I'm reading the book of Job right now, and I have a confession to make: it's a difficult book for me to read.
That's because Job's "friends" make me mad.
Job calls them "worthless physicians" and that's what they are. After the unimaginable trauma and devastation Job just experiences, they come to him and tell him it's because of his sin. They try to correct him and call for his repentance. Surely God wouldn't allow a righteous person to suffer, they bluster.
In the face of the worst suffering of Job's life and the heat of his grief, his friends respond with outrageous arrogance and moral superiority.
That's not how a friend acts.
And it makes me so sad to think of a man crushed by grief looking for comfort and support from his friends only to find blistering condemnation.
Those friends were too judgmental and self-occupied to have any real empathy for Job.
And that makes me mad.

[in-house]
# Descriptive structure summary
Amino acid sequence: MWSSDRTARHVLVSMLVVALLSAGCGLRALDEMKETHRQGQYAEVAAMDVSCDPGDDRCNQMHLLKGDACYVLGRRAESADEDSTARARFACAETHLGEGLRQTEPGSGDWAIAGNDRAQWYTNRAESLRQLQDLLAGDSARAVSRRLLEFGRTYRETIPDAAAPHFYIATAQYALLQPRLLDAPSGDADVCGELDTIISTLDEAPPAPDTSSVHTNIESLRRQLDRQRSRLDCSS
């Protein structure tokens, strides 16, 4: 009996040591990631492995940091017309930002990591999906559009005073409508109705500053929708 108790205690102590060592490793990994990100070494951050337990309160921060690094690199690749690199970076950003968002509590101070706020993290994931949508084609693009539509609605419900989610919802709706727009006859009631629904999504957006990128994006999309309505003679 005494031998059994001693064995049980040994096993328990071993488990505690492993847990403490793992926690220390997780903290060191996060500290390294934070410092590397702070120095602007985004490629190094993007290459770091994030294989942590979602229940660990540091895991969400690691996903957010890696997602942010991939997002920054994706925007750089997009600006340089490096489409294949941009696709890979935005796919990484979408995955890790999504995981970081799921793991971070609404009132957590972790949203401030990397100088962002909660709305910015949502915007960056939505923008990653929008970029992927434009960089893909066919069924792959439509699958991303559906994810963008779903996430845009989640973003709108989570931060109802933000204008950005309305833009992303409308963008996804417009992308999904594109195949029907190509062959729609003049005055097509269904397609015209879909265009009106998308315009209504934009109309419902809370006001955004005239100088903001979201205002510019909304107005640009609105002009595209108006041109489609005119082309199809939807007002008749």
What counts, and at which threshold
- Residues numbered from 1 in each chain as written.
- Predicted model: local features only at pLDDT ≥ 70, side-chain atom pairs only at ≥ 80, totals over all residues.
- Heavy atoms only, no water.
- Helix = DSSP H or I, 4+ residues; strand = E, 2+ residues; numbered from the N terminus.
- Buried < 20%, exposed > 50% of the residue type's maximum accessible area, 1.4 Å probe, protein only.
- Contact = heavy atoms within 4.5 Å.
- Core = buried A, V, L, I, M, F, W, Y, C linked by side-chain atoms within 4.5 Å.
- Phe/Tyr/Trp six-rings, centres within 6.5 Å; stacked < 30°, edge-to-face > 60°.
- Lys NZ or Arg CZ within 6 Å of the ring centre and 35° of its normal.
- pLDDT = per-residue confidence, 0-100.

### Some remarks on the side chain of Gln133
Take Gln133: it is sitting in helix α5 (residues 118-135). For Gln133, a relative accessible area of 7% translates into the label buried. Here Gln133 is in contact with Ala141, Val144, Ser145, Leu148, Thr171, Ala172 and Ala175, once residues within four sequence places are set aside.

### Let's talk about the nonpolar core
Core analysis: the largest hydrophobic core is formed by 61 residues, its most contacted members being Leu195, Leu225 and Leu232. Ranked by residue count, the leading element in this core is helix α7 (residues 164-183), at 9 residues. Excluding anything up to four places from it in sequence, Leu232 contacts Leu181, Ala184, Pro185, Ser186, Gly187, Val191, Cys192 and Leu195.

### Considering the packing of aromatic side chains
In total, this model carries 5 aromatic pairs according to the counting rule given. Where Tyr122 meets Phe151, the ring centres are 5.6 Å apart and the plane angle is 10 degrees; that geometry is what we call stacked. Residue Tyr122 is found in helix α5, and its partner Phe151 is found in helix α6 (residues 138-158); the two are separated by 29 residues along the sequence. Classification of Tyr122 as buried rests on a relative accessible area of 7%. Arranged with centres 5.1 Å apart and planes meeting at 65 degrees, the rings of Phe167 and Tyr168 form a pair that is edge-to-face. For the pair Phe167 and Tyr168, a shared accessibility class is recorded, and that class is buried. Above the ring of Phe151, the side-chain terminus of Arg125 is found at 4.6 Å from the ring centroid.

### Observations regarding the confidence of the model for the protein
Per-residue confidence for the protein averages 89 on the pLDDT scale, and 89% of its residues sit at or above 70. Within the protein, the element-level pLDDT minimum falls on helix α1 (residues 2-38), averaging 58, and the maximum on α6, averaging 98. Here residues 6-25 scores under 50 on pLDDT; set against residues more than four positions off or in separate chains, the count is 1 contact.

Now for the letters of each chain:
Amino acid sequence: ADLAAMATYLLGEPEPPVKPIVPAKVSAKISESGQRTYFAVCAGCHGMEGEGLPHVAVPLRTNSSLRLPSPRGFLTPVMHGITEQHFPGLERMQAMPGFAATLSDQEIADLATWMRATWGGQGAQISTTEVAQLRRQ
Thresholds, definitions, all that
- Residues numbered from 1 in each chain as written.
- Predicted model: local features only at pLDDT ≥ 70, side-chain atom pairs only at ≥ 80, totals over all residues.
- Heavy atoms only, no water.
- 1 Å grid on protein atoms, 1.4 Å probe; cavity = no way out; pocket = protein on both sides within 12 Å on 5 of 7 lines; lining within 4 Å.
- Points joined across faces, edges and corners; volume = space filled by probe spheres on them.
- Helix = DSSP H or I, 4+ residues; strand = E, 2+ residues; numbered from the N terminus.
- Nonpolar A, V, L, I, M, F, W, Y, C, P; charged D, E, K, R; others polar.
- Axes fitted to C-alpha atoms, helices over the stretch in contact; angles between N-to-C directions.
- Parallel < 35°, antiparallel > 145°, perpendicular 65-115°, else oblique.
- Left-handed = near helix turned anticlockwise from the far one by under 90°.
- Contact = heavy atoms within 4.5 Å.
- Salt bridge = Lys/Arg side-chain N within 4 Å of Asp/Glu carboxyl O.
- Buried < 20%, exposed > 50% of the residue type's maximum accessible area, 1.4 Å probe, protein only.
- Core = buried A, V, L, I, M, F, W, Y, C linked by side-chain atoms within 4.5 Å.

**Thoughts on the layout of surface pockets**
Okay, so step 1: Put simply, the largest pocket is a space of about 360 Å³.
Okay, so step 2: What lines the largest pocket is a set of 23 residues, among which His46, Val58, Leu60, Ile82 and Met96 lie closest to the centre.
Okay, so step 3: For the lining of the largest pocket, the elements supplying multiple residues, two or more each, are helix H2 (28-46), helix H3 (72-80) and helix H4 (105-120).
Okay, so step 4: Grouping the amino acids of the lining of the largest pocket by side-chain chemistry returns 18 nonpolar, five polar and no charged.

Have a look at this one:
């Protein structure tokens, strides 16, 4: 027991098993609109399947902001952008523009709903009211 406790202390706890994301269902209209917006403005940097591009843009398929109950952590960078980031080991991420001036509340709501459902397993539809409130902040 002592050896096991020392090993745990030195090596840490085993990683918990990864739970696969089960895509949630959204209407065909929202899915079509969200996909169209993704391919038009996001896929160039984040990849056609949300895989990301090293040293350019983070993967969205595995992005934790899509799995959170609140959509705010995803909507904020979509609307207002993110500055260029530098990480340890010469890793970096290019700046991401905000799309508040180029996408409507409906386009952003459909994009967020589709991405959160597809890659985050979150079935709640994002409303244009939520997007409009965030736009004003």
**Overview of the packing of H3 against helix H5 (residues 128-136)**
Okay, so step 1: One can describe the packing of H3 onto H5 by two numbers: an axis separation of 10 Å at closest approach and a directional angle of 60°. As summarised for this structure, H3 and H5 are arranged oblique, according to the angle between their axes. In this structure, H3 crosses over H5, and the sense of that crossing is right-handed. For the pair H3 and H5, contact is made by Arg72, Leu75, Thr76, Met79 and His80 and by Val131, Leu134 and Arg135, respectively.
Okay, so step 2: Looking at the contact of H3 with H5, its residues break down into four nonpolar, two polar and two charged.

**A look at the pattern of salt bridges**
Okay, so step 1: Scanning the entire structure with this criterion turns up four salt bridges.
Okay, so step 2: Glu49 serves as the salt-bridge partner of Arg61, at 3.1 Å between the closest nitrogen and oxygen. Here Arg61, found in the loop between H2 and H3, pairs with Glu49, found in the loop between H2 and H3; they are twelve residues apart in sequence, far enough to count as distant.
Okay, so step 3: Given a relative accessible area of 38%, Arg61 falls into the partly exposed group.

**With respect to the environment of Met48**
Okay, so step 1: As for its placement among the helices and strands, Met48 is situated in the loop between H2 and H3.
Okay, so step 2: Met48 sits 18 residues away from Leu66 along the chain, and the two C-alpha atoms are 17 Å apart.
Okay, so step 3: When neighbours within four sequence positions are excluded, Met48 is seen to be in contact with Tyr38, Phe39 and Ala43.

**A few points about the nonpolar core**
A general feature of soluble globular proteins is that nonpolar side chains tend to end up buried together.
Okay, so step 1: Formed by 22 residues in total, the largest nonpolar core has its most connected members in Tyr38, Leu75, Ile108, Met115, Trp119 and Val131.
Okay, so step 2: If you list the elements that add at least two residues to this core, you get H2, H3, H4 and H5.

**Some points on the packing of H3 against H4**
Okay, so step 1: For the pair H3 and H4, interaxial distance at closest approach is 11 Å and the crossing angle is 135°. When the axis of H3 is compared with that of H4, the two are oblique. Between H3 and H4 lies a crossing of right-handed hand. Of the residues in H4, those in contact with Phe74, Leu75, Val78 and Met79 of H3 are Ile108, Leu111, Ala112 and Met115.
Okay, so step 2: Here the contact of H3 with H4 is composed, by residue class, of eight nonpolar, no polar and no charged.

Until I realize how often I am like those bad friends.
How often do I jump in before I know all the facts?
How often am I so self-focused that I speak carelessly?
How often am I so judgmental that I lack empathy?
How often am I so convinced I'm right that I'm willing to tear someone else down to win an argument?
The painful answer is, Too often.
Job's friends infuriate me because they prick at my own conscience. I want to despise them when I'm actually like them. Because sometimes I think I'm better than I really am. It's examining my frustration with other sinners that makes me realize how sinful I am.
But there is rescue for self-righteous sinners.
There is rescue for bad friends, for frustrating counselors, for harsh speakers, for proud and graceless hearts. Rescue in the life-transforming, gloriously revolutionary grace of Jesus.
I hope Job's friends found that grace.
But today I know that I found it.